Bovine viral diarrhea (BVD) eradication in Switzerland-Experiences of the first two years.


Presi, P; Struchen, R; Knight-Jones, T; Scholl, S; Heim, D; (2011) Bovine viral diarrhea (BVD) eradication in Switzerland-Experiences of the first two years. Preventive veterinary medicine, 99 (2-4). pp. 112-21. ISSN 0167-5877 DOI: https://doi.org/10.1016/j.prevetmed.2011.01.012

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Abstract

A national eradication programme was designed with the aim of achieving total freedom from bovine viral diarrhea virus (BVDV) infection in the Swiss cattle population. The eradication programme consisted of testing every Swiss bovine for antigen, culling virus-positive animals and applying movement restrictions. Starting in 2008, the campaign achieved the goal of reducing the proportion of newborn calves that were virus-positive from 1.8% to under 0.2% within two years (situation in September 2010). Both good data flow between the parties involved as well as speed and efficiency (e.g. concerning the application of tests, movement restrictions and slaughter) are central to the success of the programme. Since the beginning of the programme 2.85 million cattle have been tested for bovine viral diarrhea virus (BVDV). The BVD-prevalence in cattle at the individual and herd levels following the implementation of the eradication programme was assessed. Using data collected during this campaign a risk factor analysis was conducted in order to identify factors associated with the appearance of virus positive newborn calves in herds where BVD had not previously been detected; these risk factors would allow targeting of future surveillance. Herd size, early death rate (i.e. the number of animals that either die before 15 days of age or are stillborn per number of newborns per year), buying in stock, using communal summer grazing, production type, age structure and management strategy were factors associated with the appearance of new cases of infection. Testing of newborn calves for antigen will continue to be conducted until the end of 2011, this is combined with outbreak investigation of newly infected herds (consisting of re-testing dams of virus-positive calves and if necessary all cattle on or that recently left the farm). This process is done to identify infected animals that may have been missed during prior testing (false negatives), it also serves to identify other factors that may be responsible for the introduction of BVDV onto the farm. Since October 2009, testing of calves for antigen combined with outbreak investigation has led to the detection of 55 infected animals that had tested negative (presumably false negative) during previous rounds of testing.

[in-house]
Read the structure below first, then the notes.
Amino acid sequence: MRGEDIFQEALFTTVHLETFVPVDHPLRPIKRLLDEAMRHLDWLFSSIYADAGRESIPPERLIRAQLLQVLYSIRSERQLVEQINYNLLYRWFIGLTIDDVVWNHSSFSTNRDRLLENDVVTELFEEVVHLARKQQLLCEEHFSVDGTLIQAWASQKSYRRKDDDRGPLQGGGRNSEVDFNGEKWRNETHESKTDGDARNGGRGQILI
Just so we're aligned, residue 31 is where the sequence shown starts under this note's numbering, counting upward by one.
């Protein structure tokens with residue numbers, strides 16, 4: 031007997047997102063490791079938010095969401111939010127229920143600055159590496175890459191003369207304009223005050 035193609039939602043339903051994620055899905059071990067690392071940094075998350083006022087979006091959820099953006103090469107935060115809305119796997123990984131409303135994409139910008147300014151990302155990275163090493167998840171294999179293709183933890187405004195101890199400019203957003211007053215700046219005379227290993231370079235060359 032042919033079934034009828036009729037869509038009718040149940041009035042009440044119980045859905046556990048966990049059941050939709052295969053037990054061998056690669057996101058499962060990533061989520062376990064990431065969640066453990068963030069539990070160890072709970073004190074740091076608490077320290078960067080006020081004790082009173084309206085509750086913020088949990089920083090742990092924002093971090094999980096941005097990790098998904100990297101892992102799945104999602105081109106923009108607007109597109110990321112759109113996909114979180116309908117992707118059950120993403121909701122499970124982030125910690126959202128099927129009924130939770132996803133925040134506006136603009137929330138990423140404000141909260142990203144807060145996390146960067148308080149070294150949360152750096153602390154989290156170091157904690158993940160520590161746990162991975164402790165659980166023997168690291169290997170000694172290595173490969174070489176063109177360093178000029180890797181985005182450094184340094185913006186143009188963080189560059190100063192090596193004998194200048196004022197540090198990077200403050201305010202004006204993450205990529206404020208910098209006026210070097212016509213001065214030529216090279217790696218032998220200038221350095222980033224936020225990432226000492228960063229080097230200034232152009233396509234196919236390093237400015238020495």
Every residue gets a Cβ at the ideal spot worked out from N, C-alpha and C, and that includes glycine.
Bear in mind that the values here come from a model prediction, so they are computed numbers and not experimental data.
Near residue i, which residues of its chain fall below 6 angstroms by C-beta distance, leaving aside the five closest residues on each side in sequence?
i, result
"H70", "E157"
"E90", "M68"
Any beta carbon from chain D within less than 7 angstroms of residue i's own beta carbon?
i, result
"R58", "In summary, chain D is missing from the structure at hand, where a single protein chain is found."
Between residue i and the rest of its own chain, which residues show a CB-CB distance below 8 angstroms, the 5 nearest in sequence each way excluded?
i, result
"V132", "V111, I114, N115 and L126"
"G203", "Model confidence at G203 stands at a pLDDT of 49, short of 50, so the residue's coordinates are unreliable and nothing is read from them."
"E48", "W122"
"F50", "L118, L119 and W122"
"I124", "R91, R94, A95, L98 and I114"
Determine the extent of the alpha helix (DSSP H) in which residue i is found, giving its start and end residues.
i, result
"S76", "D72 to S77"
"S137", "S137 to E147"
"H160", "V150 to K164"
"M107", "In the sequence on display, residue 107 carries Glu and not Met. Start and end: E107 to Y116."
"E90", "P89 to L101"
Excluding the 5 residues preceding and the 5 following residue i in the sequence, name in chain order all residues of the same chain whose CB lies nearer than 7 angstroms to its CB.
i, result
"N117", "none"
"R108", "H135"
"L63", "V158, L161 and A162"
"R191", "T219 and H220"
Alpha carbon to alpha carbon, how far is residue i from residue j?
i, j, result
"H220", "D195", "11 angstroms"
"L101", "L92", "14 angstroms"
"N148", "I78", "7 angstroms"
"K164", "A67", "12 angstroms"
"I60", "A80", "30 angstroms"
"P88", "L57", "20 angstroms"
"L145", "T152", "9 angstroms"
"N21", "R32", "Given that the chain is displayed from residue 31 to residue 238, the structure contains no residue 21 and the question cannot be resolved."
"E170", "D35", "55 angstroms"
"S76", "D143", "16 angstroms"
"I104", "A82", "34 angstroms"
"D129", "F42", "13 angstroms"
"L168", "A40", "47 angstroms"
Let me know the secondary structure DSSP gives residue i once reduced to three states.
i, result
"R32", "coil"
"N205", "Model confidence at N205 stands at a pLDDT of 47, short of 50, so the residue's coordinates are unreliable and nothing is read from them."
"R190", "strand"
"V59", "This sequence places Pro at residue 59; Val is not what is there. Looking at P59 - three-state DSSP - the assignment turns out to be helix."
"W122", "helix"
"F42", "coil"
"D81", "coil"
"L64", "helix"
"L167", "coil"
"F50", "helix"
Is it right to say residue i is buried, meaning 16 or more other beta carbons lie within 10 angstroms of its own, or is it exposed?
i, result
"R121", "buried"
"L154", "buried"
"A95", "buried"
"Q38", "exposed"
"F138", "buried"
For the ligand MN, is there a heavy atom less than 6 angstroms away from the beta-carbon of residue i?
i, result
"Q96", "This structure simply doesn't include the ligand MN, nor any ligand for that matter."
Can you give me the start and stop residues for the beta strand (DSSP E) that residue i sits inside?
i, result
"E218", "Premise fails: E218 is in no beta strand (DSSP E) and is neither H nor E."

Item Type: Article
Faculty and Department: Faculty of Epidemiology and Population Health > Dept of Infectious Disease Epidemiology
PubMed ID: 21371766
Web of Science ID: 290186100005
URI: http://researchonline.lshtm.ac.uk/id/eprint/791

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